JPE-MentorAdvert_proof2How did I become an associate editor for Journal of Applied Ecology? I had the luck of meeting Prof Simon Thirgood in the Serengeti National Park while discovering the study area and getting my head around the basics of data collection by the Serengeti Cheetah Project staff. We were basically both invited for dinner, we started to chat (and Simon was certainly someone fun to have a chat with), and I received an invitation a few weeks later. I was over the moon – this was my first invitation to join an editorial team, five years post-PhD. I’ll never know exactly how it influenced my career progression, but I believe it did help me establish an international reputation and ultimately secure a position as an editor. This was my opening door to the publishing world. I could have travelled to the Serengeti in another season, I could have worked on another project, and I may have never had the opportunity to join the editorial team of this unique journal. Quite a scary thought to think that, maybe, part of my career path was simply due to pure luck.

My story is not unique – most researchers join editorial teams based on invitations, and most invitations are sent to people recommended by editors. Who are the most likely to be recommended? Reviewers that deliver good reviews fast; researchers with recognized specific expertise; colleagues perceived as competent and reliable; mostly people known to editors. The same goes when it comes to inviting reviewers (those same reviewers who could one day be asked to join the editorial team): it’s mostly about who you know. Don’t get me wrong: the current system has many advantages, such as helping secure reliable editor team members and insuring high level of competence among associate editors. But the problem is: who we know is biased, defined by factors such as where we work, which language we speak, our gender or our age; and this is leading to a certain lack of diversity in most editorial teams.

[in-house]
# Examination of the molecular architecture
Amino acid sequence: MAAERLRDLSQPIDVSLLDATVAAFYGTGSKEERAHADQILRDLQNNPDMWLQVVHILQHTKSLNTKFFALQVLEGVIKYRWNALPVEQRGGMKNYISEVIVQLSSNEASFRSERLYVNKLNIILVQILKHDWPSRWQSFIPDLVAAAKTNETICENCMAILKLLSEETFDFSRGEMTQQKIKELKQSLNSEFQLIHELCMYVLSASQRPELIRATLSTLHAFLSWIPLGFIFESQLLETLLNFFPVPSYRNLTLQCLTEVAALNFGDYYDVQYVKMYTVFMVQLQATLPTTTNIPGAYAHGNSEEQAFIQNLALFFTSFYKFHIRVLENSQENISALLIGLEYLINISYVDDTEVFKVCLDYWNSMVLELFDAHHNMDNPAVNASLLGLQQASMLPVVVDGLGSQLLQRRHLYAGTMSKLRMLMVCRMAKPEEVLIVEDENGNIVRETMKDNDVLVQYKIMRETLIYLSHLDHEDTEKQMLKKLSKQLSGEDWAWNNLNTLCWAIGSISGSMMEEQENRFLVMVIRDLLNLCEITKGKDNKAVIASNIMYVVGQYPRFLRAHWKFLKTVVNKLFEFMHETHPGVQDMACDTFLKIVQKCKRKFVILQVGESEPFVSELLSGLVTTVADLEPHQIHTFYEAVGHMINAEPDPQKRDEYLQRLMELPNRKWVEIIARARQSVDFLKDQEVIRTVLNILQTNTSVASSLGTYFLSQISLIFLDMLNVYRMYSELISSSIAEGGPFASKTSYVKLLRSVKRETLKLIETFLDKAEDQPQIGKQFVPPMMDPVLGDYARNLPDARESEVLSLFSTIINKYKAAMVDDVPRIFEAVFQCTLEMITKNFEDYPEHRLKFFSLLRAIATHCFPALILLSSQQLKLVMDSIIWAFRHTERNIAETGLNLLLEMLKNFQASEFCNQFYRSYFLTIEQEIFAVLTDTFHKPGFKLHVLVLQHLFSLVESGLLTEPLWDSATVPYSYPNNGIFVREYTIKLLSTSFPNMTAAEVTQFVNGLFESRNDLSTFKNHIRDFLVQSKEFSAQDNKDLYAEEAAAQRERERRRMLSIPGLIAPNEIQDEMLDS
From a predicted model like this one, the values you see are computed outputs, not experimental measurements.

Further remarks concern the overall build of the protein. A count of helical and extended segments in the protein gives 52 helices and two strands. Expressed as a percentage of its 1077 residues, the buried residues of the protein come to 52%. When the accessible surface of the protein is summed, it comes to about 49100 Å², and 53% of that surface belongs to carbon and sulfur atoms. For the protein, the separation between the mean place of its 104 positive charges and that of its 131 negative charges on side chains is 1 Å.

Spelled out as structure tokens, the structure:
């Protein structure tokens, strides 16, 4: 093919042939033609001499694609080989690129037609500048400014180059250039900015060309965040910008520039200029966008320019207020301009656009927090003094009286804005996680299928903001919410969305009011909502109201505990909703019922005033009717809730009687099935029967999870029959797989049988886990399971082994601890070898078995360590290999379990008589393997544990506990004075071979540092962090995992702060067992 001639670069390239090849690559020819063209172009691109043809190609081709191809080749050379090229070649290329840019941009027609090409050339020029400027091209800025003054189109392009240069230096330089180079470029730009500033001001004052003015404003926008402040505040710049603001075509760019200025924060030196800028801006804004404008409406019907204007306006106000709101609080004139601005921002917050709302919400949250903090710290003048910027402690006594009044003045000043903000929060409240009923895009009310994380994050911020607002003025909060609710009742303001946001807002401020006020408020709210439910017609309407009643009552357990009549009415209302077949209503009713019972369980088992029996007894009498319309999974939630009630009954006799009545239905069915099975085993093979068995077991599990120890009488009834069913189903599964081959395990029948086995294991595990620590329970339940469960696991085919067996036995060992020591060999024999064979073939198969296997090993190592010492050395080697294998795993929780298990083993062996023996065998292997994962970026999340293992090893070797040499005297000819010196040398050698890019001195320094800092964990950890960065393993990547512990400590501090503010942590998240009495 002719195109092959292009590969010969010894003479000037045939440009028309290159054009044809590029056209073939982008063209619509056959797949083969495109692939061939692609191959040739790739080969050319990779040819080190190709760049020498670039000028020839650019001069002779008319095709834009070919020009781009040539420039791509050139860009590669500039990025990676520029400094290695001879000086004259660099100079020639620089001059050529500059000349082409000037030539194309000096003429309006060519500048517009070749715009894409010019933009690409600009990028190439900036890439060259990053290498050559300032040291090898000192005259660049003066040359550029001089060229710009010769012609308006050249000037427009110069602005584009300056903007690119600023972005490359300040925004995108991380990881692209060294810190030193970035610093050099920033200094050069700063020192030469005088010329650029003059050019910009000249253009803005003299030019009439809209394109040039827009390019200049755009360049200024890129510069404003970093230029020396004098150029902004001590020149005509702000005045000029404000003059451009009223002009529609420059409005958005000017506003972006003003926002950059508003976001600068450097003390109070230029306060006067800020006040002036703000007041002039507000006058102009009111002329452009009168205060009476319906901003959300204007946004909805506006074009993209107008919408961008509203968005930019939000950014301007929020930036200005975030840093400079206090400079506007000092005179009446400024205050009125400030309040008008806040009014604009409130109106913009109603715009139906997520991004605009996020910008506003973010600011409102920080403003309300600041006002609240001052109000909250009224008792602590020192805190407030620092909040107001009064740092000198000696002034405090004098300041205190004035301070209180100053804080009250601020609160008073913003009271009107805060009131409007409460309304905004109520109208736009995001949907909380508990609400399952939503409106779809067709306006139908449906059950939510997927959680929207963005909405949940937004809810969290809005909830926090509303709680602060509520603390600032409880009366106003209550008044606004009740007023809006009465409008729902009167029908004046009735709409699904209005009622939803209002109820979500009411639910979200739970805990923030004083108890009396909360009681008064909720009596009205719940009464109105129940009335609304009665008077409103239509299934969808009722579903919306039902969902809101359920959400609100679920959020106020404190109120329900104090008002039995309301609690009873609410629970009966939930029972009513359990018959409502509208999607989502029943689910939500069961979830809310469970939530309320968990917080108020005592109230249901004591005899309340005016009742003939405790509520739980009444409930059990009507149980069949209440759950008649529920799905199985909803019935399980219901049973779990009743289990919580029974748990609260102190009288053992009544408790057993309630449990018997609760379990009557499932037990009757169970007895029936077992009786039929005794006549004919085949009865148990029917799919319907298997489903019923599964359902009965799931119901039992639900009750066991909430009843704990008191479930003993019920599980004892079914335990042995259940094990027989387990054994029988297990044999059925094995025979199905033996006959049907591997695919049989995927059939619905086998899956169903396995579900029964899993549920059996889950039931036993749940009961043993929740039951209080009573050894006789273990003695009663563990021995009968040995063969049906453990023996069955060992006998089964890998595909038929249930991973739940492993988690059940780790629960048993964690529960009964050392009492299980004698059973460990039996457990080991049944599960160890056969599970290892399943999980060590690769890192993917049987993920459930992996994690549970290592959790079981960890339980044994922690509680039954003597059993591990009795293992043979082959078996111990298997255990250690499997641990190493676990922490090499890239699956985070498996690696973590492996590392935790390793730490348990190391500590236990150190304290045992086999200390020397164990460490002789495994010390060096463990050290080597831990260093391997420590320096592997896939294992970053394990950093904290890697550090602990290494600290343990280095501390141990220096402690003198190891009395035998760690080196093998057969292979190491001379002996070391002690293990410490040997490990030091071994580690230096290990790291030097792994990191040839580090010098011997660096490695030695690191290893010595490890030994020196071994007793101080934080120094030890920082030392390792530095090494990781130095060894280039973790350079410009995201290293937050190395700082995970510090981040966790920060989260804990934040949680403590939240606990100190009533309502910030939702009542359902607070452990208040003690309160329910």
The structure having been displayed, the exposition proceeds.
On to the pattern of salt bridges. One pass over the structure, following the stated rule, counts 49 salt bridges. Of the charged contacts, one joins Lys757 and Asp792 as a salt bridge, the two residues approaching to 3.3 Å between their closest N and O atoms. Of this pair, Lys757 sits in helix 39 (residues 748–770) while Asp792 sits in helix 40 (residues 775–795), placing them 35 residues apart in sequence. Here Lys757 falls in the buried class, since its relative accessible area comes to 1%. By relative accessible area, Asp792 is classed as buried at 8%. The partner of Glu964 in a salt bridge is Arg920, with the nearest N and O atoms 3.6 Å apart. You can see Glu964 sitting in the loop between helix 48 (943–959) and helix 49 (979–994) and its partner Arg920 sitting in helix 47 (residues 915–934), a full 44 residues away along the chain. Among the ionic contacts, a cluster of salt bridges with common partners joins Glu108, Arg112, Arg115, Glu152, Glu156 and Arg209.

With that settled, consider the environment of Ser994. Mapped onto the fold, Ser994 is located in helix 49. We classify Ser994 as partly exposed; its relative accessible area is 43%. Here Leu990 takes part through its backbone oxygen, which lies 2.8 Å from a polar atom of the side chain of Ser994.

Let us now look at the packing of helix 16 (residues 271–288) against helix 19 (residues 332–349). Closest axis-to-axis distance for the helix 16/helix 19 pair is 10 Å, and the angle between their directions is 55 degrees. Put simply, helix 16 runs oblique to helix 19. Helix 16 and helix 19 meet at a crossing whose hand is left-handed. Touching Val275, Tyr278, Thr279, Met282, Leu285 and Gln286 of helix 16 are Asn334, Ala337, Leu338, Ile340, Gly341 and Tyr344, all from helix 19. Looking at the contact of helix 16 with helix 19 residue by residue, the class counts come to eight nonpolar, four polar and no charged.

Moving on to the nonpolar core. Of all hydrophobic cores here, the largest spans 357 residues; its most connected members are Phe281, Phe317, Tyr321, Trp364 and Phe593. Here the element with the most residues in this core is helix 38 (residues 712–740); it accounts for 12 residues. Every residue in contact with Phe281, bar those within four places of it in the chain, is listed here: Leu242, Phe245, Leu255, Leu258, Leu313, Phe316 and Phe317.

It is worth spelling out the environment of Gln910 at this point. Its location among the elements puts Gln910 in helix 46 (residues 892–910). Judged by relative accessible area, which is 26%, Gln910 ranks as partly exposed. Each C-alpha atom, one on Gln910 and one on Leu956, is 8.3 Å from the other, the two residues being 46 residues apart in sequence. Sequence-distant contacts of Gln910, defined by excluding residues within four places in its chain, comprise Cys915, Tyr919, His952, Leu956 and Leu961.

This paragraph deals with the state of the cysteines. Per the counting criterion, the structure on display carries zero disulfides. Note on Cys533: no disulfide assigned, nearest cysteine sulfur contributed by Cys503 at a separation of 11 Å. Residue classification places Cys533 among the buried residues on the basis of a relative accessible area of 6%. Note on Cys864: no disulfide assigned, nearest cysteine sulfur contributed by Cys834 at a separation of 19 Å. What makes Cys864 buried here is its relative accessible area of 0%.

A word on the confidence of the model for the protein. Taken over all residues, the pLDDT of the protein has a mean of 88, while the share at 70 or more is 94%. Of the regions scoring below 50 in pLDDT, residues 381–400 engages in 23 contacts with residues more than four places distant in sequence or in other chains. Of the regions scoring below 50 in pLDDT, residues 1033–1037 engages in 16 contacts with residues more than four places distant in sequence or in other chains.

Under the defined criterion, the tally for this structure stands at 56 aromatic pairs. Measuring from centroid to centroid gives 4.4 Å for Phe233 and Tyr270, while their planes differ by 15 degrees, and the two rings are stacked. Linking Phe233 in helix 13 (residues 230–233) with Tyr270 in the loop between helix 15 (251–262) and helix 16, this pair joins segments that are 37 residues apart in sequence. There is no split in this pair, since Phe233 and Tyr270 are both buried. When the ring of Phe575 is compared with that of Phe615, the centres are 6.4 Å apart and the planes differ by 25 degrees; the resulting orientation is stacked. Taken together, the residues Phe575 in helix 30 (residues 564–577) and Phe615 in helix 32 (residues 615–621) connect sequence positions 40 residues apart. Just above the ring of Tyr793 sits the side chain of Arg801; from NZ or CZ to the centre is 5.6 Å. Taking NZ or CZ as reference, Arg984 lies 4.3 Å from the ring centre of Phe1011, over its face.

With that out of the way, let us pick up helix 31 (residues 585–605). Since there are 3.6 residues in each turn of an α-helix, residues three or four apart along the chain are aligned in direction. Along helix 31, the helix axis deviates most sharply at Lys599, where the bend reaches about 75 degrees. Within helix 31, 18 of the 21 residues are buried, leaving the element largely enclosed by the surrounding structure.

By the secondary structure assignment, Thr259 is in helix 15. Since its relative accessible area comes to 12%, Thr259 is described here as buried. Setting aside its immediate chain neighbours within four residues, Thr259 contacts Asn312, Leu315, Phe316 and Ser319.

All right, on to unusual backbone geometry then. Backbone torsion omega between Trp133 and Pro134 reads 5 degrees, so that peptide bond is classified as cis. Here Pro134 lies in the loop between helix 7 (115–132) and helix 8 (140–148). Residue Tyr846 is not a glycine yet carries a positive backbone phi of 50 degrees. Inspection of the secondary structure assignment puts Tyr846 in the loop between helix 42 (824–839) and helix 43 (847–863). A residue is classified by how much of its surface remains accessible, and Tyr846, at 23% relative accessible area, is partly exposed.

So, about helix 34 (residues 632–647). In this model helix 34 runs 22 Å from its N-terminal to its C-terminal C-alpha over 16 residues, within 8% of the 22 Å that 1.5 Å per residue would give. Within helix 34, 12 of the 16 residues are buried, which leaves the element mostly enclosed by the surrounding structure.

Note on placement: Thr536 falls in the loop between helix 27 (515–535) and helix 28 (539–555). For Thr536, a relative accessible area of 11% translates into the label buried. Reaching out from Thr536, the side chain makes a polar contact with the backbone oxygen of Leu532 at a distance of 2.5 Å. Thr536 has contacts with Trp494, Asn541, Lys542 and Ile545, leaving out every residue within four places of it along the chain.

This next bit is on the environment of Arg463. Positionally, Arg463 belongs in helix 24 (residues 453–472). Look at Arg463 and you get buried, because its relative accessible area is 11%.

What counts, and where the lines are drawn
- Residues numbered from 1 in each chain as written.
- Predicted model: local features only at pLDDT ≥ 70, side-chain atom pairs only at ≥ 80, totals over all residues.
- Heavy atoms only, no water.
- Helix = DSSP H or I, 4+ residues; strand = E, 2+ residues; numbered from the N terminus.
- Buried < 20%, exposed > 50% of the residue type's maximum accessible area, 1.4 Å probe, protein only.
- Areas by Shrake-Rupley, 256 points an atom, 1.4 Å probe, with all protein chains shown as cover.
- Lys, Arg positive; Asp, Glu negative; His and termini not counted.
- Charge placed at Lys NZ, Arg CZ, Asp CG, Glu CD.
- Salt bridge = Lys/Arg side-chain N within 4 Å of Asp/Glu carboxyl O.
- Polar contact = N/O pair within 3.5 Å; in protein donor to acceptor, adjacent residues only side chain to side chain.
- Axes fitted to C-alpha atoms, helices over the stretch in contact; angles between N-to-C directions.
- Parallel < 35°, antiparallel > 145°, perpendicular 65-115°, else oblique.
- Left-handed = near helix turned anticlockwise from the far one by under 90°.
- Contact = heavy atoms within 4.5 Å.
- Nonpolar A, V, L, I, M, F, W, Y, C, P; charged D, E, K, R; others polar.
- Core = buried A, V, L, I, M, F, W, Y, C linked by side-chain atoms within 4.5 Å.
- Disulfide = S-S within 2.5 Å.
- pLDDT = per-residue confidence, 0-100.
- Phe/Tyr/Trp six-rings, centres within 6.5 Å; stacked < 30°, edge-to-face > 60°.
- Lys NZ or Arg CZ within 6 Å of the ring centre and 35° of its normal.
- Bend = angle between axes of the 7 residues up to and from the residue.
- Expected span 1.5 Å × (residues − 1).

So how do we break this pattern? At Journal of Applied Ecology, we believe it’s about opening up new opportunities for all researchers with relevant expertise to put their name forward and potentially join the team. We are therefore delighted to announce the launch of our mentorship opportunity, which aims to provide around five early career researchers with a chance to spend 6 months working as an associate editor for the journal while being mentored by one of the senior editors. The program will represent a fantastic opportunity to meet colleagues with similar research interests; learn about how journals work and what the Associate Editor role is about; and get to promote your research and ideas through our online activities such as this blog.

So if you believe you possess relevant experience, have never served as an associate editor, and want to give it a go, all you need to apply is to send us a CV and a letter detailing why you want to join us. This is your chance to carve your opening door to the publishing world – don’t miss it!

Nathalie Pettorelli (@Pettorelli)
Senior Editor, Journal of Applied Ecology